Environmental Impacts are Best Predicted by People’s Income Level

August 13, 2019
Environmental Impacts are Best Predicted by People’s Income Level

The aforementioned dress

I imagine I seem, to an outsider, quite eco-friendly. I don’t buy fast fashion, I buy second hand, I don’t shop a lot, I buy unwrapped veg at markets, I’ve started growing my own, I use refillable options as opposed to buying new packaging wherever possible, I’m vegan, I shop with and promote ethical labels. The list goes on. I try my very best.

But let’s look at my last significant sustainable purchase. It was a dress that cost around £135. It was made fairly from organic cotton but it was new. Precious resources had been used to make it. Where did I buy the dress? At a shop in Amsterdam, a city that I’d flown to. According to an online calculator, my footprint for that round trip was around 0.8 metric tonnes of CO2. That’s more than the average person in Afghanistan, Bangladesh, Benin, Burkina Faso, Cambodia and whole lot more countries emits per year. PER YEAR.

I feel more eco-friendly than I was, say, ten years ago because of all the steps I’ve taken to act as such, and the direction my career has taken, but ten years ago I couldn’t afford to go on holiday. Ten years ago my boyfriend and I didn’t have a car because we couldn’t dream of being able to afford one. Ten years ago we lived in a one bedroom flat, not a 3 bedroom house. While we use the car as little as possible, don’t fly every year and try to be efficient in our home choices, are we – am I – actually more eco-friendly now? It’s difficult to say definitively but I’d imagine the answer overall, in terms of carbon emissions, might just be no and it’s all because I have a bit more money.

While I don’t earn huge amounts as a freelancer, I’m a diligent saver and budgeter, I live in a dual-income household and I have no children. My boyfriend and I also have a fairly simple lifestyle that is cheap to maintain. Because of all this (and myriad hidden societal factors), I have a disposable income to enjoy and I’m sure that that fact alone means that my environmental impact is bigger now than when I was terminally skint.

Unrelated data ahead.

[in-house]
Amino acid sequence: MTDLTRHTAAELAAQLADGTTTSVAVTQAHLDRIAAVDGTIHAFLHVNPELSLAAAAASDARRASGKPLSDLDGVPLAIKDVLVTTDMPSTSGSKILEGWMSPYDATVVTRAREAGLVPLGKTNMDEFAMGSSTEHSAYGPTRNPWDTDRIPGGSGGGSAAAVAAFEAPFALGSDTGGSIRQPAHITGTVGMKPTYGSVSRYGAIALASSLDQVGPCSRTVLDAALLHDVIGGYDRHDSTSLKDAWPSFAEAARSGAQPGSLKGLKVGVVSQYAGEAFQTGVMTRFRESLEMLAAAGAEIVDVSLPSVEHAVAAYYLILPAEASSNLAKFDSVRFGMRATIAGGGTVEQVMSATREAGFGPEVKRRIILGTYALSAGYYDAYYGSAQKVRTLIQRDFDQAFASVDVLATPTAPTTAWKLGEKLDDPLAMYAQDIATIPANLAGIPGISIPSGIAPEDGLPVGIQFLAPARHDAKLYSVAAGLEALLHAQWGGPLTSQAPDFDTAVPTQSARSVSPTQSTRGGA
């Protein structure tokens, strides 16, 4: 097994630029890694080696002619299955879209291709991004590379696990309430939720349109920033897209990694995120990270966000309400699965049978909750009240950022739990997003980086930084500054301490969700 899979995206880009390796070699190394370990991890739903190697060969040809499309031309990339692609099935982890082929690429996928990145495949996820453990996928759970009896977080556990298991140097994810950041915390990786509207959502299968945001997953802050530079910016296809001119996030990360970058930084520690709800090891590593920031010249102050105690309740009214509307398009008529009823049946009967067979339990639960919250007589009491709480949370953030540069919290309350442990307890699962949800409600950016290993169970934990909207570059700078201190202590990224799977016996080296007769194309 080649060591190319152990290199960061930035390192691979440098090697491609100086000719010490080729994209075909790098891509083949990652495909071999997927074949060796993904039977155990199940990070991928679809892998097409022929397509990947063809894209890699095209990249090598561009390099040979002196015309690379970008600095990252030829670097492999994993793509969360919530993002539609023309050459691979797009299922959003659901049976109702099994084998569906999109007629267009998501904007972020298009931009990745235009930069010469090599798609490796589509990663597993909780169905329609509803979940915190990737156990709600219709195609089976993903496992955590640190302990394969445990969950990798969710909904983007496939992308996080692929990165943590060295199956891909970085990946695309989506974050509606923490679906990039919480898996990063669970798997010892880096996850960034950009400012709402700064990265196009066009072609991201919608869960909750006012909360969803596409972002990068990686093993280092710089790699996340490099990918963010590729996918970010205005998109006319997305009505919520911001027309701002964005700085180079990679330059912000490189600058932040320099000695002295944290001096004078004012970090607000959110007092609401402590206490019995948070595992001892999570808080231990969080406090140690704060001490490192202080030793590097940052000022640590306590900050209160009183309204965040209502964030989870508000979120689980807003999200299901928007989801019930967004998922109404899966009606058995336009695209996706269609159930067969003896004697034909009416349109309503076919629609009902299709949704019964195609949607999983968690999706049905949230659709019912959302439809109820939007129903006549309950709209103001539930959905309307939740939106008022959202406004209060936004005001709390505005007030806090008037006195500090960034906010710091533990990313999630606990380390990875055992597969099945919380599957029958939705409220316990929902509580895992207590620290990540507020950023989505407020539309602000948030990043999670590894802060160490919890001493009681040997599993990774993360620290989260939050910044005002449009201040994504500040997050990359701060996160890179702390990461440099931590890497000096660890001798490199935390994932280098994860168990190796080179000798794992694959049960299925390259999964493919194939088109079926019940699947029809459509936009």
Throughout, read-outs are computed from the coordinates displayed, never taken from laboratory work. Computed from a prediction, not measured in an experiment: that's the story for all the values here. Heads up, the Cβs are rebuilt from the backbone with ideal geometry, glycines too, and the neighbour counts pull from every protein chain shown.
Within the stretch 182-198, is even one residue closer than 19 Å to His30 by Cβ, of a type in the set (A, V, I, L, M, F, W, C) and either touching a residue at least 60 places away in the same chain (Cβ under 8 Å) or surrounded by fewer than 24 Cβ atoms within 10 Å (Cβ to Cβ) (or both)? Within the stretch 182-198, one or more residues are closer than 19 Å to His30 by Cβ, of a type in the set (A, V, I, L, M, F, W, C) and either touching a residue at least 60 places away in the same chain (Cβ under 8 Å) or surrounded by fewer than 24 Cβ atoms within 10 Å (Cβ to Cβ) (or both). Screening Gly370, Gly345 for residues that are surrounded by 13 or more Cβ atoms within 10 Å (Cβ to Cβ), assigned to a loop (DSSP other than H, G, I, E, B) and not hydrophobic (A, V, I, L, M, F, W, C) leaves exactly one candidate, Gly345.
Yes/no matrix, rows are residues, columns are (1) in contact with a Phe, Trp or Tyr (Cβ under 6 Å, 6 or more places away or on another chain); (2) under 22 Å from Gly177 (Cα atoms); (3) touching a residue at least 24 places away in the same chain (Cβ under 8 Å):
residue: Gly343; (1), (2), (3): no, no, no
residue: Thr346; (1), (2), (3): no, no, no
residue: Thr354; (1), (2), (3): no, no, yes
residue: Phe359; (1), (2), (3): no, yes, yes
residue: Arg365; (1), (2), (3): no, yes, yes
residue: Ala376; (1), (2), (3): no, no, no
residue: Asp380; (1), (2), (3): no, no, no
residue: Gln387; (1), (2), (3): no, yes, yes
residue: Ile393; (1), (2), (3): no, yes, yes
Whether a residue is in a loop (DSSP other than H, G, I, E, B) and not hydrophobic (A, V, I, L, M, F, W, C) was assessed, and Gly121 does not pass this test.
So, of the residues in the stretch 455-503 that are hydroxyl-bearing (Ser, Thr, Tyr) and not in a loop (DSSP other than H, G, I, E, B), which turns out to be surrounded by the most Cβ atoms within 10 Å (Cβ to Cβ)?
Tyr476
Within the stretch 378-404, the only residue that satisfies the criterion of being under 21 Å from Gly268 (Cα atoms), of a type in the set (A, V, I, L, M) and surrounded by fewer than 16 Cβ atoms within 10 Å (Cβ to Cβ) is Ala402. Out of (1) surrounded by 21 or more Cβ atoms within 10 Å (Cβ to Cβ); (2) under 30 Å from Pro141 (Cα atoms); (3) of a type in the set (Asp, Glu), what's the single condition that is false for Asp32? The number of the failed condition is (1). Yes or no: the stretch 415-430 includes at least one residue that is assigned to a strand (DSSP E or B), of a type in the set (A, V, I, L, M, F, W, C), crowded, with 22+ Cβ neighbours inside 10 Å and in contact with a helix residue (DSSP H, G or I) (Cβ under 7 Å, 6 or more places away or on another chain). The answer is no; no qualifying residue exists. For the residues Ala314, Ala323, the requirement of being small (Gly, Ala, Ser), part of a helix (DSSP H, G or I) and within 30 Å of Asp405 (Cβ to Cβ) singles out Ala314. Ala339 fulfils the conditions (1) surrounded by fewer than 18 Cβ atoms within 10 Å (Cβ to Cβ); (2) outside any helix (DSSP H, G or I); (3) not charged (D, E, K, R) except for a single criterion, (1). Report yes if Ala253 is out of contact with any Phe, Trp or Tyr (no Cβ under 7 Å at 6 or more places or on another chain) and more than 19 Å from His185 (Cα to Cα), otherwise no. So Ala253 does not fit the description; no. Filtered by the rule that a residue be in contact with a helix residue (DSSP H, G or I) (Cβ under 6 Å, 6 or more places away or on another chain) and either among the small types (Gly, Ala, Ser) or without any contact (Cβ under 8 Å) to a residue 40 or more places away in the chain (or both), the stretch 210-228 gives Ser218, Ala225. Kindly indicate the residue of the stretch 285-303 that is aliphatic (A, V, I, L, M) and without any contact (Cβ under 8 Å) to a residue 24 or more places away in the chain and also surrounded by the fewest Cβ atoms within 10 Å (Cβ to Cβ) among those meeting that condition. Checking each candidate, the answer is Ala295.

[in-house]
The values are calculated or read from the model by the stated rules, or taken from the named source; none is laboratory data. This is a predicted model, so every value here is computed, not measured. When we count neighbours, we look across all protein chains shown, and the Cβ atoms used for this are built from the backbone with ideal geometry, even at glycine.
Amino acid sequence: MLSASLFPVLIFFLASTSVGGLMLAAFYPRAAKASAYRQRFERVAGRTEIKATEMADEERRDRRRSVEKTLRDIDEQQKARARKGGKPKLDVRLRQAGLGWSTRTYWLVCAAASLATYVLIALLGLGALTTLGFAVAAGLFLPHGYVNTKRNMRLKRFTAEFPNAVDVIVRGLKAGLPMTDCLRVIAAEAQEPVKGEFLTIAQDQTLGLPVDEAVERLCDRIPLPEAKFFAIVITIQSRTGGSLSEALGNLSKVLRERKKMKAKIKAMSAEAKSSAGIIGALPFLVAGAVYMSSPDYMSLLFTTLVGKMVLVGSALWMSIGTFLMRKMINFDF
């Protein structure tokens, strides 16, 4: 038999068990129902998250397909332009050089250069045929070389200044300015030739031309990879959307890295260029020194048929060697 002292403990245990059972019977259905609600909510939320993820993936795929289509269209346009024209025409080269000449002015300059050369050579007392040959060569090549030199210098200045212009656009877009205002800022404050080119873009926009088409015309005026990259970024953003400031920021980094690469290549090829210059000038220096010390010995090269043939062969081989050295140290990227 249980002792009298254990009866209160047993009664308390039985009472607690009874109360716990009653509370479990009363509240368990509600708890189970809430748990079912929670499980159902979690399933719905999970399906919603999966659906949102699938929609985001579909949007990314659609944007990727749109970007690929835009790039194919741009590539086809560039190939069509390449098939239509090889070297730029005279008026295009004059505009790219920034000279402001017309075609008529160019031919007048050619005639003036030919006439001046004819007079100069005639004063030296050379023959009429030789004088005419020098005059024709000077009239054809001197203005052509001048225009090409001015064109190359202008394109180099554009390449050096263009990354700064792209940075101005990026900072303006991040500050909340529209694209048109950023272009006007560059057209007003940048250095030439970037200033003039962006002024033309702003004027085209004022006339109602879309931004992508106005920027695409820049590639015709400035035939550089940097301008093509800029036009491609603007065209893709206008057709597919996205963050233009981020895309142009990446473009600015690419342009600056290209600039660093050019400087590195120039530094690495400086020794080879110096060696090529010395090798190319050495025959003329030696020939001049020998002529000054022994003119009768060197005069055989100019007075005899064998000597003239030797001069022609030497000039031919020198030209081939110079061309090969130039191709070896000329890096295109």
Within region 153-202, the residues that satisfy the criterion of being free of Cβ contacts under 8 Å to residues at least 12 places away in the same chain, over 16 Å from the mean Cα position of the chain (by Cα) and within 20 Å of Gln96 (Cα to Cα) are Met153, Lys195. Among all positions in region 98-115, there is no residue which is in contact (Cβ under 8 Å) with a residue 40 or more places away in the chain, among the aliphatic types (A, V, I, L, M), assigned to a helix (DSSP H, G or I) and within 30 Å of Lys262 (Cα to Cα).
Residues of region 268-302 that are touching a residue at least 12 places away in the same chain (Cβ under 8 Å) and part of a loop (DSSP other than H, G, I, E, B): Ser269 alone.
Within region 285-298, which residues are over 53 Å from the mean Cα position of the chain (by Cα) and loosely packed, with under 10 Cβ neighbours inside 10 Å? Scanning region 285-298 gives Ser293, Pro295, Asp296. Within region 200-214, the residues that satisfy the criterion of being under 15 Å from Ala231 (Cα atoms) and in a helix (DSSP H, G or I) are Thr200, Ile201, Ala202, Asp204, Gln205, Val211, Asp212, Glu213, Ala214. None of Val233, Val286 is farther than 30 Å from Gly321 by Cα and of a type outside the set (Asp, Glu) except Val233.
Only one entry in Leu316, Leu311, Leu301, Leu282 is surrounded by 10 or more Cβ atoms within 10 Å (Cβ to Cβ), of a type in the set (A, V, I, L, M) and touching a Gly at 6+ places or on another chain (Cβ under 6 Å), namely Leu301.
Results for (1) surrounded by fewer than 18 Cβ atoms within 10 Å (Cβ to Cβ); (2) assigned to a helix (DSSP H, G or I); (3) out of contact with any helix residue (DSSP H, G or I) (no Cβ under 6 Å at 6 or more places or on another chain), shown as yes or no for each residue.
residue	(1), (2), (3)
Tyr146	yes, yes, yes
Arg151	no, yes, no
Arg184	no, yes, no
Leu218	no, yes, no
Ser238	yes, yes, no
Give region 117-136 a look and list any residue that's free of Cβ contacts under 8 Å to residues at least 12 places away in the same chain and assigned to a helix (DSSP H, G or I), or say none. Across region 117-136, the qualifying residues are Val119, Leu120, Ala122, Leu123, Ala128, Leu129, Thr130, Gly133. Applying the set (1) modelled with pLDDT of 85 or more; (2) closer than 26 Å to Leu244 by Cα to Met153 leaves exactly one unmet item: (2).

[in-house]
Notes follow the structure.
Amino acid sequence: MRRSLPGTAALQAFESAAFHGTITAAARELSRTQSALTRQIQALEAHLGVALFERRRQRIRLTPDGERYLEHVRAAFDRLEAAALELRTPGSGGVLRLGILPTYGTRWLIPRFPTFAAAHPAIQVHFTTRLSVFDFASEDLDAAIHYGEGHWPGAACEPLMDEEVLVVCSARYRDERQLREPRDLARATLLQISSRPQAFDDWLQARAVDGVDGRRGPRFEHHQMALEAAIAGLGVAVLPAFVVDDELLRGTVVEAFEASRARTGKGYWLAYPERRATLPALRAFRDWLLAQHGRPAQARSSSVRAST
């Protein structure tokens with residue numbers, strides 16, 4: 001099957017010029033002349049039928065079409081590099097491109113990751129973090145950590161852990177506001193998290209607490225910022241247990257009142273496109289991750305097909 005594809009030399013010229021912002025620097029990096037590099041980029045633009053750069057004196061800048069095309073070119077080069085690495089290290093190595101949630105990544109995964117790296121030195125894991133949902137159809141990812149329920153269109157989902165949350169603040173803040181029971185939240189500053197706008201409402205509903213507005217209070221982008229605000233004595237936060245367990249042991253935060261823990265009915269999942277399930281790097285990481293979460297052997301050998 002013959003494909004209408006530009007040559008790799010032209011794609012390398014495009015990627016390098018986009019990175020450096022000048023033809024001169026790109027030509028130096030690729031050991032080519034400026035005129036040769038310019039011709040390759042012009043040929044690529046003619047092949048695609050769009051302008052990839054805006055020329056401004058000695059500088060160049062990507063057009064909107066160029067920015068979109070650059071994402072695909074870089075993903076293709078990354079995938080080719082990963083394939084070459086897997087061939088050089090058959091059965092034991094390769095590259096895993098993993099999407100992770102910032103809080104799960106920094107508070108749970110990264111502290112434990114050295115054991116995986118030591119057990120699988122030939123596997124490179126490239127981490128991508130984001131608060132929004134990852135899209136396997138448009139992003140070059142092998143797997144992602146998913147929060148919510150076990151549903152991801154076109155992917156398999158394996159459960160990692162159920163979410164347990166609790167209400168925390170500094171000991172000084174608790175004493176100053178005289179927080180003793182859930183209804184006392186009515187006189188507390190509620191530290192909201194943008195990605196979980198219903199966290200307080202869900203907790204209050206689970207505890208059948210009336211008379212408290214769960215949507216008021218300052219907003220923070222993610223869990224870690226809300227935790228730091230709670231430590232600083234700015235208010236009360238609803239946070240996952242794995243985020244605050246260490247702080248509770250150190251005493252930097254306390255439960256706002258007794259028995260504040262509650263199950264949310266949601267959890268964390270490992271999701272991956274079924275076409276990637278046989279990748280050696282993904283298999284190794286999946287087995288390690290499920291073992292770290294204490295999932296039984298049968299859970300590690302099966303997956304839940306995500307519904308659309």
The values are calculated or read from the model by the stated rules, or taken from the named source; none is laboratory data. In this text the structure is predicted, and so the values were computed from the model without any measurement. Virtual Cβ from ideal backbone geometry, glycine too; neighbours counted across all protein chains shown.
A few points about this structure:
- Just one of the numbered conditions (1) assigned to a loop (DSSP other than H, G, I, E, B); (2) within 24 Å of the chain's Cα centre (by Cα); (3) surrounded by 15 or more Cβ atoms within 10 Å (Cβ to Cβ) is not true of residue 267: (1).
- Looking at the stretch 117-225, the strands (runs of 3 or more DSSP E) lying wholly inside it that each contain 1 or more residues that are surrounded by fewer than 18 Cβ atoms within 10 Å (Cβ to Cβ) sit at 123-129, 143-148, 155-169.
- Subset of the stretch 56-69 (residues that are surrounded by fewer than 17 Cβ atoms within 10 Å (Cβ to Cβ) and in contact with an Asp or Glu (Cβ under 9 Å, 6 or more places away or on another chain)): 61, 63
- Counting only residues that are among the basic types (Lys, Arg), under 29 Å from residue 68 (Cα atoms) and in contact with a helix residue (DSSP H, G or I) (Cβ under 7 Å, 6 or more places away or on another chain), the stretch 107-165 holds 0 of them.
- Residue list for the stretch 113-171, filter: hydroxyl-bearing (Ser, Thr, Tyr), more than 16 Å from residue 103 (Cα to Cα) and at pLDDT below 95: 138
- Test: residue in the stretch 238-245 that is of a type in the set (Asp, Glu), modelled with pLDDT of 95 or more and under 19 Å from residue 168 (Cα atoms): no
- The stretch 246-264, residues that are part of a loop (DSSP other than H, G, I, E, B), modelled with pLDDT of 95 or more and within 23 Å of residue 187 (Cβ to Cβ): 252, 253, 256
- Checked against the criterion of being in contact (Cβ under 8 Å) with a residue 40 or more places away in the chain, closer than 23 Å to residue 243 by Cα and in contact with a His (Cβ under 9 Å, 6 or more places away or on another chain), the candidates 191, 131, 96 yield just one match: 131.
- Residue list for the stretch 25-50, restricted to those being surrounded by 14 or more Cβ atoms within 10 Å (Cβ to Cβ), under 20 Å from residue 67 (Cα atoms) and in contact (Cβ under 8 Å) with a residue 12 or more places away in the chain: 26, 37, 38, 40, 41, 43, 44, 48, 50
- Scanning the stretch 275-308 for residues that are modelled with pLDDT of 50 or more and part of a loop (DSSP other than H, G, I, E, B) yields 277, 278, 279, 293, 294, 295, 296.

I’m sure of it because study after study has proven that people’s income is the biggest predictor of their environmental impact. On top of that, a 2017 study found that even when people’s ‘self-identity’ as an eco-friendly individual comes into play, income is still the more significant indicator. The results showed that, “environmental self-identity played an ambiguous role in predicting actual environmental impacts. Instead, environmental impacts were best predicted by people’s income level.”

In addition to that finding, the paper also states, “Our results show that individuals with high pro-environmental self-identity intend to behave in an ecologically responsible way, but they typically emphasize actions that have relatively small ecological benefits. In other words, they have good intentions but only achieve minimal results in terms of overall environmental impact.” So I might recycle or buy ethical dresses but the impact of those actions are small relative to the other actions I take because of having a dispsoable income.

The indivuals behind the study, Stephanie Moser and Silke Kleinhückelkotten, also found that “people with higher incomes hold more positive levels of environmental self-identity”, a fact that perhaps isn’t surprising when so much of sustainable living and environmentalism is often hinged on buying superior, more expensive products. We’ve decided that the more we spend, the better and greener we are but it’s just not true. While people with higher incomes might like to think they’re the most eco-friendly, they’re simply not. In fact, according to Oxfam, the world’s richest 10% produce half of all carbon emmissions, while the poorest 3.5 billion people account for just a tenth.

Even if the wealthy are buying organic, cutting out meat and using LED lightbulbs, if they’re driving big cars, air conditioning their enormous homes, flying in private jets, heating swimming pools, and consuming relative to their income then they simply cannot be eco-friendly. While I’m certainly not amongst the ranks of the mega rich, or even the slightly rich, it would be wrong of me to assume that I’m better than someone who buys their veg wrapped in plastic but who hasn’t flown or used anything but public transport for the last decade. 

We’re not going to solve this problem without real self-reflection and honesty (as well as a shit load of collective action, of course) and if that means realising that I’m not as eco-friendly as I might like to think and exposing myself as such, then that’s just what’s got to happen. And others would do well to do the same, too. 

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Wendy Ward August 14, 2019 - 10:28 PM

As I thought Sophie, you’ve hit the nail on the head yet again. Great piece that will hopefully prompt some soul searching and tough self questioning. I get so frustrated at the posts on social media from people celebrating their plastic free shopping followed by posts of their overseas holidays and city breaks a few months down the line.

sophiebenson August 23, 2019 - 1:18 PM

Thanks so much Wendy, glad you enjoyed it!


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